|The Compelling Majesty of His Power The love of Christ compels us… 2 Corinthians 5:14 Paul said that he was overpowered, subdued, and held as in a vise by “the love of Christ.” Very few of us really know what it means to be held in the grip of the love of God. We tend so often to be controlled simply by our own experience. The one thing that gripped and held Paul, to the exclusion of everything else, was the love of God. “The love of Christ compels us….” When you hear that coming from the life of a man or woman it is unmistakable. You will know that the Spirit of God is completely unhindered in that person’s life. When we are born again by the Spirit of God, our testimony is based solely on what God has done for us, and rightly so. But that will change and be removed forever once you “receive power when the Holy Spirit has come upon you…” (Acts 1:8). Only then will you begin to realize what Jesus meant when He went on to say, “…you shall be witnesses to Me….” Not witnesses to what Jesus can do— that is basic and understood— but “witnesses to Me….” We will accept everything that happens as if it were happening to Him, whether we receive praise or blame, persecution or reward. No one is able to take this stand for Jesus Christ who is not totally compelled by the majesty of His power. It is the only thing that matters, and yet it is strange that it’s the last thing we as Christian workers realize. Paul said that he was gripped by the love of God and that is why he acted as he did. People could perceive him as mad or sane— he did not care. There was only one thing he lived for— to persuade people of the coming judgment of God and to tell them of “the love of Christ.” This total surrender to “the love of Christ” is the only thing that will bear fruit in your life. And it will always leave the mark of God’s holiness and His power, never drawing attention to your personal holiness. From My Utmost for His Highest Updated Edition Bible in One Year: Exodus 34-35; Matthew 22:23-46|
Duration: 365 days
INTERPRETING THE BIBLE
Any written document must be interpreted if it is to be understood. The United States of America has nine highly skilled individuals whose daily task is to interpret the Constitution. They compose the Supreme Court of the land. To interpret the Bible is a far more solemn task than to interpret the U.S. Constitution. It requires great care and diligence.
The Bible itself is its own Supreme Court. The chief rule of biblical interpretation is “sacred Scripture is its own interpreter.” This principle means that the Bible is to be interpreted by the Bible. What is obscure in one part of Scripture may be made clear in another. To interpret Scripture by Scripture means that we must not set one passage of Scripture against another passage. Each text must be understood not only in light of its immediate context but also in light of the context of the whole of Scripture.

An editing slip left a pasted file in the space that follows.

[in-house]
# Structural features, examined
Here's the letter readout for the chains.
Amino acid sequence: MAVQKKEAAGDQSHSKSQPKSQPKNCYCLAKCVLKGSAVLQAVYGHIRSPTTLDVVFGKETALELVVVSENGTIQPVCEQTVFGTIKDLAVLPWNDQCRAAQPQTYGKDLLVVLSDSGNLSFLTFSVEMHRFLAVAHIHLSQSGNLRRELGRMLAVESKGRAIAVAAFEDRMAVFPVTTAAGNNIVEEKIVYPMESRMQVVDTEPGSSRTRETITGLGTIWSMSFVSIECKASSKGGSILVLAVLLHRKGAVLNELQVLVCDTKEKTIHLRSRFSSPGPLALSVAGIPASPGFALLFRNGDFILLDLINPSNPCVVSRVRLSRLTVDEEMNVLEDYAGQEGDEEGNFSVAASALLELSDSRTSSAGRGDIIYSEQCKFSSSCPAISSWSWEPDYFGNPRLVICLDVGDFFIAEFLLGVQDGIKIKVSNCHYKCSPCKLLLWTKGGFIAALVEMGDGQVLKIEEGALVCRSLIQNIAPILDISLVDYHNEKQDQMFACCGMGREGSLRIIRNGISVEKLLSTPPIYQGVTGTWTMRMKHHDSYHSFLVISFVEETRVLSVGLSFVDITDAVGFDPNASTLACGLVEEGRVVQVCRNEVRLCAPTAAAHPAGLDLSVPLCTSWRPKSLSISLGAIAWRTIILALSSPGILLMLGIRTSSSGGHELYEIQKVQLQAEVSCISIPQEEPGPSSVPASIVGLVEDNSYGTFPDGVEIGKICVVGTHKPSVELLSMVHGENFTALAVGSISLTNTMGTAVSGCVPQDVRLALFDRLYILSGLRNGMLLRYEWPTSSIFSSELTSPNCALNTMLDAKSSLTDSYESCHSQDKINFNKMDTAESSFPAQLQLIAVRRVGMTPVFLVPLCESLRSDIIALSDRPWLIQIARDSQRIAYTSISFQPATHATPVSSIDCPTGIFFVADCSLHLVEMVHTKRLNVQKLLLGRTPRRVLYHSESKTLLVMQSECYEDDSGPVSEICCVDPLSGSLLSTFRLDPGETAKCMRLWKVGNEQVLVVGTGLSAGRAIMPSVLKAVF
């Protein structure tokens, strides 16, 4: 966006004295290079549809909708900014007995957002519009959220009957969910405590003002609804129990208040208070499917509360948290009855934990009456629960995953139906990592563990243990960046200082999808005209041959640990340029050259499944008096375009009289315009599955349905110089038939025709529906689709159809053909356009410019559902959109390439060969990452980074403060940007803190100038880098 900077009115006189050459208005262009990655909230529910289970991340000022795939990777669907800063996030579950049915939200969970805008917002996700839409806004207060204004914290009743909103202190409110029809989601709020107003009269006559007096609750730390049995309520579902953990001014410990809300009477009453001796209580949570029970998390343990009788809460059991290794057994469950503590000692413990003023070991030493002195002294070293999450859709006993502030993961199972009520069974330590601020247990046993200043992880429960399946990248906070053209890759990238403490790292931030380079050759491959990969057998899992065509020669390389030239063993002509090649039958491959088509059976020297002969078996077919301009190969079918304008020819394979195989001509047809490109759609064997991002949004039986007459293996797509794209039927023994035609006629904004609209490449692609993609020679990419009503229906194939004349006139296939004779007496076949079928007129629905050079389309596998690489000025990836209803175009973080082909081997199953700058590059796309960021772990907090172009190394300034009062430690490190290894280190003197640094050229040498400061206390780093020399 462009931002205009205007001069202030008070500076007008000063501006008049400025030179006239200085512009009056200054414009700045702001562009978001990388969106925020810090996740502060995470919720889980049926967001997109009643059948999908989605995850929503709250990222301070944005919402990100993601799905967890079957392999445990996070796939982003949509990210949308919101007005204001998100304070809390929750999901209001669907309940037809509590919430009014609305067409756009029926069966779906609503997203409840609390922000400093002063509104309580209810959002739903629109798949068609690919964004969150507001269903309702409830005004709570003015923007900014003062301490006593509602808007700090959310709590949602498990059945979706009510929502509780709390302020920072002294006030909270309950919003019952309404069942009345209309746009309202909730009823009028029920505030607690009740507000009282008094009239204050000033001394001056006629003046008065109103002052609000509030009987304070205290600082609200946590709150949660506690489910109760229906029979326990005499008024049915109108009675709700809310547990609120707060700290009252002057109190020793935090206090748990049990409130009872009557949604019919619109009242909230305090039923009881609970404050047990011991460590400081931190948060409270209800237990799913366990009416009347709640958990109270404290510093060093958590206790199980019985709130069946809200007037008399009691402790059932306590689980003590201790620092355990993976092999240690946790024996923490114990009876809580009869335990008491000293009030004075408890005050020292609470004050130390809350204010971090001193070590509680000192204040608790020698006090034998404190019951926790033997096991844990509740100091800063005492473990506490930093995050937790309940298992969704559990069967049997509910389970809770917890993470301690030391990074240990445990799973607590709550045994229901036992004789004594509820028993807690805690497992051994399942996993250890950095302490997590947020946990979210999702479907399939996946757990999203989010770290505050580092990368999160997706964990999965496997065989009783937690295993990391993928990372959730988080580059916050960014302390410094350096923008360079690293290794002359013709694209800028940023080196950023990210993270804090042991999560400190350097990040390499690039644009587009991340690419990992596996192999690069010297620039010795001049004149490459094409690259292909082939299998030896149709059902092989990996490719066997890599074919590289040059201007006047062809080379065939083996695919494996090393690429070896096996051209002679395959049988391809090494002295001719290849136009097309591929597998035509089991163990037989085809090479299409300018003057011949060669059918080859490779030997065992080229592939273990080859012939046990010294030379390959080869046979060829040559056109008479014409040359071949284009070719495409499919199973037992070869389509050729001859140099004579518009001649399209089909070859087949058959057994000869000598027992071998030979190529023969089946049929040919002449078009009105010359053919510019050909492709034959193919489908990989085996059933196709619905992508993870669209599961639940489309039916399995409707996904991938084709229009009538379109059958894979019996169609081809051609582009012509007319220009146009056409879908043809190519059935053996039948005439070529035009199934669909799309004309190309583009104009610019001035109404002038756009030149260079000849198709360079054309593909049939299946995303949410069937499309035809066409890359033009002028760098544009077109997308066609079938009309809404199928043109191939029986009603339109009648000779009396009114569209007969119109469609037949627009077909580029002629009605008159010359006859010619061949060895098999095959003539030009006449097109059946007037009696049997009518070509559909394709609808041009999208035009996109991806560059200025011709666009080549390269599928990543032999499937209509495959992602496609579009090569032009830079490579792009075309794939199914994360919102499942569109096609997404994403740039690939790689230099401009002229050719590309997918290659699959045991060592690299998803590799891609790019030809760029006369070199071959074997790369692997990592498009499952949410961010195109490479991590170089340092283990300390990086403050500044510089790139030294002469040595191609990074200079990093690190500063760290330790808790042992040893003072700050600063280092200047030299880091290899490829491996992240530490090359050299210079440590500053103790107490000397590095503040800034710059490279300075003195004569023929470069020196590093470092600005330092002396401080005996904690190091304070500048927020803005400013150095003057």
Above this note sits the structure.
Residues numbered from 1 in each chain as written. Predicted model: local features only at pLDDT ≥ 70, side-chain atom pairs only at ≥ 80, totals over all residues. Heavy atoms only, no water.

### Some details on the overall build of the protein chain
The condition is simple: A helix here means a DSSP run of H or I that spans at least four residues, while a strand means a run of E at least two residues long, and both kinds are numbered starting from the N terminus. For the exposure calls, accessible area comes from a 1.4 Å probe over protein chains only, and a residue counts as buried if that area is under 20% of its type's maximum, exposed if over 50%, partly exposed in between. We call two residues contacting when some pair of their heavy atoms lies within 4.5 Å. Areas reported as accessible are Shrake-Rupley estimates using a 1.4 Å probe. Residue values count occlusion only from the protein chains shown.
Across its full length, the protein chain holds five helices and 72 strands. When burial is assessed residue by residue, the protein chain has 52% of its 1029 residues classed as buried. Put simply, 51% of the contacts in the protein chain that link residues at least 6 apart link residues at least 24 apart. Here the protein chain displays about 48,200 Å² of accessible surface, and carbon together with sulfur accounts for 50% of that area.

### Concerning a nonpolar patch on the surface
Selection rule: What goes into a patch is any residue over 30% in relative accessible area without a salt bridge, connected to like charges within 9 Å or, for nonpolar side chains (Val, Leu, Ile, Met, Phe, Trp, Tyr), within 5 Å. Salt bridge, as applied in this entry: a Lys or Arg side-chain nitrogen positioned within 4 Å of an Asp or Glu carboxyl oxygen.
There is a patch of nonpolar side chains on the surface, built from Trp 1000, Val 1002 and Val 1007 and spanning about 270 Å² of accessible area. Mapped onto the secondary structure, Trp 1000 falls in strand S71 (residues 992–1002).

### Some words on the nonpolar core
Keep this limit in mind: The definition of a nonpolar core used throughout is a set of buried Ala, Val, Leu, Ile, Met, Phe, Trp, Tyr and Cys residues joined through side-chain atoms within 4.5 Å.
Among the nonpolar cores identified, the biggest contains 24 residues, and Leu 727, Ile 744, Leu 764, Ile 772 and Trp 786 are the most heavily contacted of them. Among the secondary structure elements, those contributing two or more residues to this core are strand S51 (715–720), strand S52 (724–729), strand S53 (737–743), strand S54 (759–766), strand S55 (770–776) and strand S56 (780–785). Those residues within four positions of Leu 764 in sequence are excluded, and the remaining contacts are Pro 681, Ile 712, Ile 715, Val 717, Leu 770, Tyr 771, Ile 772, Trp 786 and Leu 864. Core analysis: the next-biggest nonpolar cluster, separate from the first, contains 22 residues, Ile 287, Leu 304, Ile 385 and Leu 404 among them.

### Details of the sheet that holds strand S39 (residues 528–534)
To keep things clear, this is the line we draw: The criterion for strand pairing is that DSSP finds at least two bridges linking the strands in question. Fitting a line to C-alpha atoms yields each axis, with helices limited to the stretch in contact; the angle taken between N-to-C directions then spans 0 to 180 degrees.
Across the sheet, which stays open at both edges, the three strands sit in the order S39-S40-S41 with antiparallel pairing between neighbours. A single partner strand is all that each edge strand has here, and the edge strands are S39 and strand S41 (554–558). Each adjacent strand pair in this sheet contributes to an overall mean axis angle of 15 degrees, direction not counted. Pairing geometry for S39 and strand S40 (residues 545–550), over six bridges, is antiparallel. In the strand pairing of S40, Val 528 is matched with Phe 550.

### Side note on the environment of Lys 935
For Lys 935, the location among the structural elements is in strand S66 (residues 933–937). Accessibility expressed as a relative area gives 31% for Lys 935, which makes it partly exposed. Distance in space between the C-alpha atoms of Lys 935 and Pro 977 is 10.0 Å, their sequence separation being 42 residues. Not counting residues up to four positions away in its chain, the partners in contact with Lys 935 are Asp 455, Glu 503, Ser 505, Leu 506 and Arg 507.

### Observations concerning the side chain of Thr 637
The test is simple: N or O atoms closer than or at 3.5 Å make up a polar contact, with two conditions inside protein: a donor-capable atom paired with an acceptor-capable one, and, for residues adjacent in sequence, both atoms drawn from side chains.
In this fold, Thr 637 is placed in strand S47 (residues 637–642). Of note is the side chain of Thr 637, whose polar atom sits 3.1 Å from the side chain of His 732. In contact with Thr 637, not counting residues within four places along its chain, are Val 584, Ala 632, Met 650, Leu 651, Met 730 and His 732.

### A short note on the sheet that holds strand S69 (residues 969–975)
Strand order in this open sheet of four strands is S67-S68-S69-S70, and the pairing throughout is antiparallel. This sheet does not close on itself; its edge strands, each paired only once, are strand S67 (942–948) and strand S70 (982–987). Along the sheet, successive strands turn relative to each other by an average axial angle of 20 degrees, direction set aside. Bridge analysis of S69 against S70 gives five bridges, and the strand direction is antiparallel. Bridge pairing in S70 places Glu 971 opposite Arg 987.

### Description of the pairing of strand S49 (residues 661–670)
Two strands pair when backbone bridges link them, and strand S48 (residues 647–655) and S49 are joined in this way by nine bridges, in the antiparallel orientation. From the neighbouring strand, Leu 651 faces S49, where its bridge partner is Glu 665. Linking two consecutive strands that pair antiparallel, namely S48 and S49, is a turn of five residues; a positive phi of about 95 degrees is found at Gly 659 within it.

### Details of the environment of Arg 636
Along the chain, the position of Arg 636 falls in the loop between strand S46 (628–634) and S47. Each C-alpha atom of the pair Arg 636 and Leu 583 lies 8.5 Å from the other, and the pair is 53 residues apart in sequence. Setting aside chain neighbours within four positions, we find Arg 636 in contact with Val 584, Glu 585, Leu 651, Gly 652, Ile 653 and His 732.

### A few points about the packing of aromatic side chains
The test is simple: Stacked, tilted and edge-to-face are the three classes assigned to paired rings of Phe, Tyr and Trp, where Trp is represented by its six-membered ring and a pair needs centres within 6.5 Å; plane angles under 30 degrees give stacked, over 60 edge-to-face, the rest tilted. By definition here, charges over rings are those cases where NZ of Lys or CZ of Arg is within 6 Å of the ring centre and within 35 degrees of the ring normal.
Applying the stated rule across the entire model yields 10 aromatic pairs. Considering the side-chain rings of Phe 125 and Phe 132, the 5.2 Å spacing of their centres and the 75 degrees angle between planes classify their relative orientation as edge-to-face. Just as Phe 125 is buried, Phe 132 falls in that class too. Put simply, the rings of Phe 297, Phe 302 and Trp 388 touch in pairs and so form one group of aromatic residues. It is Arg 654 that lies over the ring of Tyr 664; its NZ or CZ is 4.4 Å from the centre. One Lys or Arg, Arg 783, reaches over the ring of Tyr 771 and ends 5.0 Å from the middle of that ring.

In addition, properly understood, the only legitimate and valid method of interpreting the Bible is the method of literal interpretation. Yet there is much confusion about the idea of literal interpretation. Literal interpretation, strictly speaking, means that we are to interpret the Bible as it is written. A noun is treated as a noun and a verb as a verb. It means that all the forms that are used in the writing of the Bible are to be interpreted according to the normal rules governing those forms. Poetry is to be treated as poetry. Historical accounts are to be treated as history. Parables as parables, hyperbole as hyperbole, and so on.
In this regard, the Bible is to be interpreted according to the rules that govern the interpretation of any book. In some ways the Bible is unlike any other book ever written. However, in terms of its interpretation, it is to be treated as any other book.
The Bible is not to be interpreted according to our own desires and prejudices. We must seek to understand what it actually says and guard against forcing our own views upon it. It is the sport of heretics to seek support from Scripture for false doctrines that have no basis in the text. Satan himself quoted Scripture in an illegitimate way in an effort to seduce Christ to sin (Matthew 4:1-11).
The basic message of the Bible is simple enough and clear enough for a child to understand. Yet the meat of Scripture requires careful attention and study to understand it properly. Some matters treated by the Bible are so complex and profound that they keep the finest scholars perennially engaged in an effort to sort them out.